Mike Worrall is a British Surrealist. He was born in Matlock, Derbyshire (UK) in 1942. For many years he has lived and worked in Australia
I first came across his art at a small exhibition in Manchester in the early 1970's when I was working there for the BBC as a documentary film director.
We share a passion for Max Ernst and Paul Delvaux - both of whom I have featured on the website from time to time.
Here is how Mike describes his own work:
'I have been painting since the early 1960's and am almost entirely self taught. I still retain the basic technique and style developed in these early years. I am committed to exploring the subconscious and I like Paul Delvaux and Max Ernst amongst others.'
The Never Ever Room - 1998
'I was told by Roman Polanski that a painting of mine he had, gave him the idea of making the film Macbeth. He based the second scene on the painting. I have works in the collections of Victor Lownes, Alan Price of the Animals, Roman Polanski, Nicholas Roeg, Vincent Ward, Alex Proyas and many others.'
Sunken Garden - 2001
'Since moving to Australia in 1988, I've exhibited regularly with Wagner Gallery Sydney, and have a one man show every two years.'
'As a child I was always intrigued by paintings involving some sought of mystery element. So I have tended to be drawn in this direction myself. Get the viewer guessing and wondering what it's about! Quite often I’m not sure myself but for some inexplicable reason it might work as a picture. I might not understand it myself even. It may be an expression on a face or just a pose or location.'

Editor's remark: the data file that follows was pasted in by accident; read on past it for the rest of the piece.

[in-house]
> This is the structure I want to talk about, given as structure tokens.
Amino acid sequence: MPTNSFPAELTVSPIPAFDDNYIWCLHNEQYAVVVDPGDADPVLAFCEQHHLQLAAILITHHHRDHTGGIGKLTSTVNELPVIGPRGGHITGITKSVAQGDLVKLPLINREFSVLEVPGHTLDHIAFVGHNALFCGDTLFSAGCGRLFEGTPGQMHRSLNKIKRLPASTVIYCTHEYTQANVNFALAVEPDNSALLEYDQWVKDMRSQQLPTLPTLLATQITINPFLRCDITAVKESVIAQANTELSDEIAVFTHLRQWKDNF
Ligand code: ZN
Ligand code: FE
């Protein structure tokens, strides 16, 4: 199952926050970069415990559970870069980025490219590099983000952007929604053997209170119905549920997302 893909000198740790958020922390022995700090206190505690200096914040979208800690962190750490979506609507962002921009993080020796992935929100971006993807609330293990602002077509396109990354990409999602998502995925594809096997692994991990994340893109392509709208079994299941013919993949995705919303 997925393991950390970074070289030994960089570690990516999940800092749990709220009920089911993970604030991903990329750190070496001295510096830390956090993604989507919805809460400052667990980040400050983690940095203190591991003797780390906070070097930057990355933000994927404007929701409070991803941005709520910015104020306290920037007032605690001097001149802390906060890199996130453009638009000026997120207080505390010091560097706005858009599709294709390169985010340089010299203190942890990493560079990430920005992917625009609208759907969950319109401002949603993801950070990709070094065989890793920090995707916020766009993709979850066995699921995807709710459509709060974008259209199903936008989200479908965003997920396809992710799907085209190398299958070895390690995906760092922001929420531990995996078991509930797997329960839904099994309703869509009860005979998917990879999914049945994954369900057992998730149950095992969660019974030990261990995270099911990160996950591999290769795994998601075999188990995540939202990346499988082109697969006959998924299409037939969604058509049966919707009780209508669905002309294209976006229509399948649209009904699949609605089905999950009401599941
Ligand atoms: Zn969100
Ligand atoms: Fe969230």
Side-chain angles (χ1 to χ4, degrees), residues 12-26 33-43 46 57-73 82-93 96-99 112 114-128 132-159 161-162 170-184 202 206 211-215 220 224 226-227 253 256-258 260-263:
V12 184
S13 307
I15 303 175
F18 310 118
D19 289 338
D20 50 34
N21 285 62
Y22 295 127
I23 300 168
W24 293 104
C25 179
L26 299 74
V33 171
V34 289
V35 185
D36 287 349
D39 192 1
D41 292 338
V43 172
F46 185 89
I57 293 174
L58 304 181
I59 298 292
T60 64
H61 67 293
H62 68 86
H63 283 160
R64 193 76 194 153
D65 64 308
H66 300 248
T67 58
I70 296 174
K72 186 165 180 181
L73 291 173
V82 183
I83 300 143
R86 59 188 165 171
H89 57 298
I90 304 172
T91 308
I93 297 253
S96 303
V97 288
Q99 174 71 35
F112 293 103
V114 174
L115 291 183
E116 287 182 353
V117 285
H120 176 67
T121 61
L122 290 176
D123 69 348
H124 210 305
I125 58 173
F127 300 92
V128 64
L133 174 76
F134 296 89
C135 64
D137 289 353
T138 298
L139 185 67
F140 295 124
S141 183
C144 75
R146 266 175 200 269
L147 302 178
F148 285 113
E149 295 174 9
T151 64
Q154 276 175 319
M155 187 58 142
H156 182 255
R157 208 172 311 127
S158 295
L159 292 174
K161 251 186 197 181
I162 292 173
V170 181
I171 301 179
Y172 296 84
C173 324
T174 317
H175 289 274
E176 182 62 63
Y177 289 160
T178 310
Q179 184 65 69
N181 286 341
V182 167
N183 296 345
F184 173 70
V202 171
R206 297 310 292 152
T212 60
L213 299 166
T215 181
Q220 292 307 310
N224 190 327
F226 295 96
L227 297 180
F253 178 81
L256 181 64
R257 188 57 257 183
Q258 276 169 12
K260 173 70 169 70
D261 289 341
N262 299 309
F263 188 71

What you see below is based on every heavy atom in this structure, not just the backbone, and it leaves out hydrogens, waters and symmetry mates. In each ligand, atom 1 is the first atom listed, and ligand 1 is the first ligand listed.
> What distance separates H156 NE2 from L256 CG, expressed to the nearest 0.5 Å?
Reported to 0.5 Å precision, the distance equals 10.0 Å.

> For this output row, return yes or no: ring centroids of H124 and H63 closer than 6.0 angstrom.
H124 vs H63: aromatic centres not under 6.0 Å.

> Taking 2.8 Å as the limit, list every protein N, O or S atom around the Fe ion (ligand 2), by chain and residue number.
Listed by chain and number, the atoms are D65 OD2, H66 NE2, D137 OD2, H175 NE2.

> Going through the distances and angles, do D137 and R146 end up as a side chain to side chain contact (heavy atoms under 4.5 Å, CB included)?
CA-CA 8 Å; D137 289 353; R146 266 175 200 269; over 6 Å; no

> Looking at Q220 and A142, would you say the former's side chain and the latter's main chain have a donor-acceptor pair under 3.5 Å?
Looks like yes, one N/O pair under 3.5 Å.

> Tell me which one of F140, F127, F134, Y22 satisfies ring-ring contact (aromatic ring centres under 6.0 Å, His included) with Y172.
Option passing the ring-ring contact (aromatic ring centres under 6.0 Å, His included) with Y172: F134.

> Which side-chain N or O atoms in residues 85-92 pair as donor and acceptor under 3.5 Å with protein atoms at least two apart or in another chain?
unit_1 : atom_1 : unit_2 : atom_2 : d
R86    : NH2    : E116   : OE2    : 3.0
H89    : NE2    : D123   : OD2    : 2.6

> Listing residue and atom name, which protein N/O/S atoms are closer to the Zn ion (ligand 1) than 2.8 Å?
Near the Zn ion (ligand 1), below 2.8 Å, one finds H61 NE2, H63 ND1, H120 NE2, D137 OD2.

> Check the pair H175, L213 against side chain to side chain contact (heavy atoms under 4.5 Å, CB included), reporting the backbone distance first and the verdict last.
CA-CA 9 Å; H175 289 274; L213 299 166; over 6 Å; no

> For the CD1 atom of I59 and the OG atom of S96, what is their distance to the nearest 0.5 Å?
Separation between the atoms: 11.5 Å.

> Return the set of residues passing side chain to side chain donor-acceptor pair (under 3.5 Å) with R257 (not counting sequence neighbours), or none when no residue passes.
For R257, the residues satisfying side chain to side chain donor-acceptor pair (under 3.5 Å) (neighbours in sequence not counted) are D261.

'I'm a firm believer that I should not have to attempt to explain the enigma to people and that the picture should retain some mystery for a lasting interest. This I hasten to add is not so with all work off course! I’m only referring to my surreal content paintings!'
The Trouble with Time - 2009
'I'm interested in Dreams and Subconscious thoughts and the weirdness of how we go from one thought to another in an almost drifting process. Dreams are a great source of material for me. Not that I wake up and paint the dream that I may have had, even if I could remember it, I'd then have to most likely make up the details. My paintings are more deliberate and constructed with the element of change.'
Windows of Portent - 2008
'When I was younger I did a lot of disturbing horrific subject matter and themes, dealing with Shock & Horror, such as Bruegal's Triumph of Death and skeletons! I even did a painting called "After the Rape" in Preraphalite realism. I cringe when I think of it nowadays as it must have offended many people! Although I don't remember anybody saying so.'
Hide and Seek - 1995
'I think most people realized that I was trying to show the Pathos in such a subject. These days I'm still interested in death of course, but I think I’m more subtle. I have always had a fascination with beautiful subjects, especially women and I love painting them, especially getting a good expression or gaze!'
Museum of Broken Dreams - 2003
'I rarely use a model for a painting. I prefer to make it up and invent a woman out of my head. This doesn't always work out well and I often as I call it reach the top of the mountain then with too many strokes of the brush start the descent down the other side into the abyss! So I either scrap it or resort to using a model.'
Le Grand Tour Le Mer - 2001
'I am an Intuitive painter. If it doesn't work in an Intuitive way, I can’t progress. I don't suppose that's all that unusual really, I suppose all artists are intuitive!'
Mike Worrall, 2008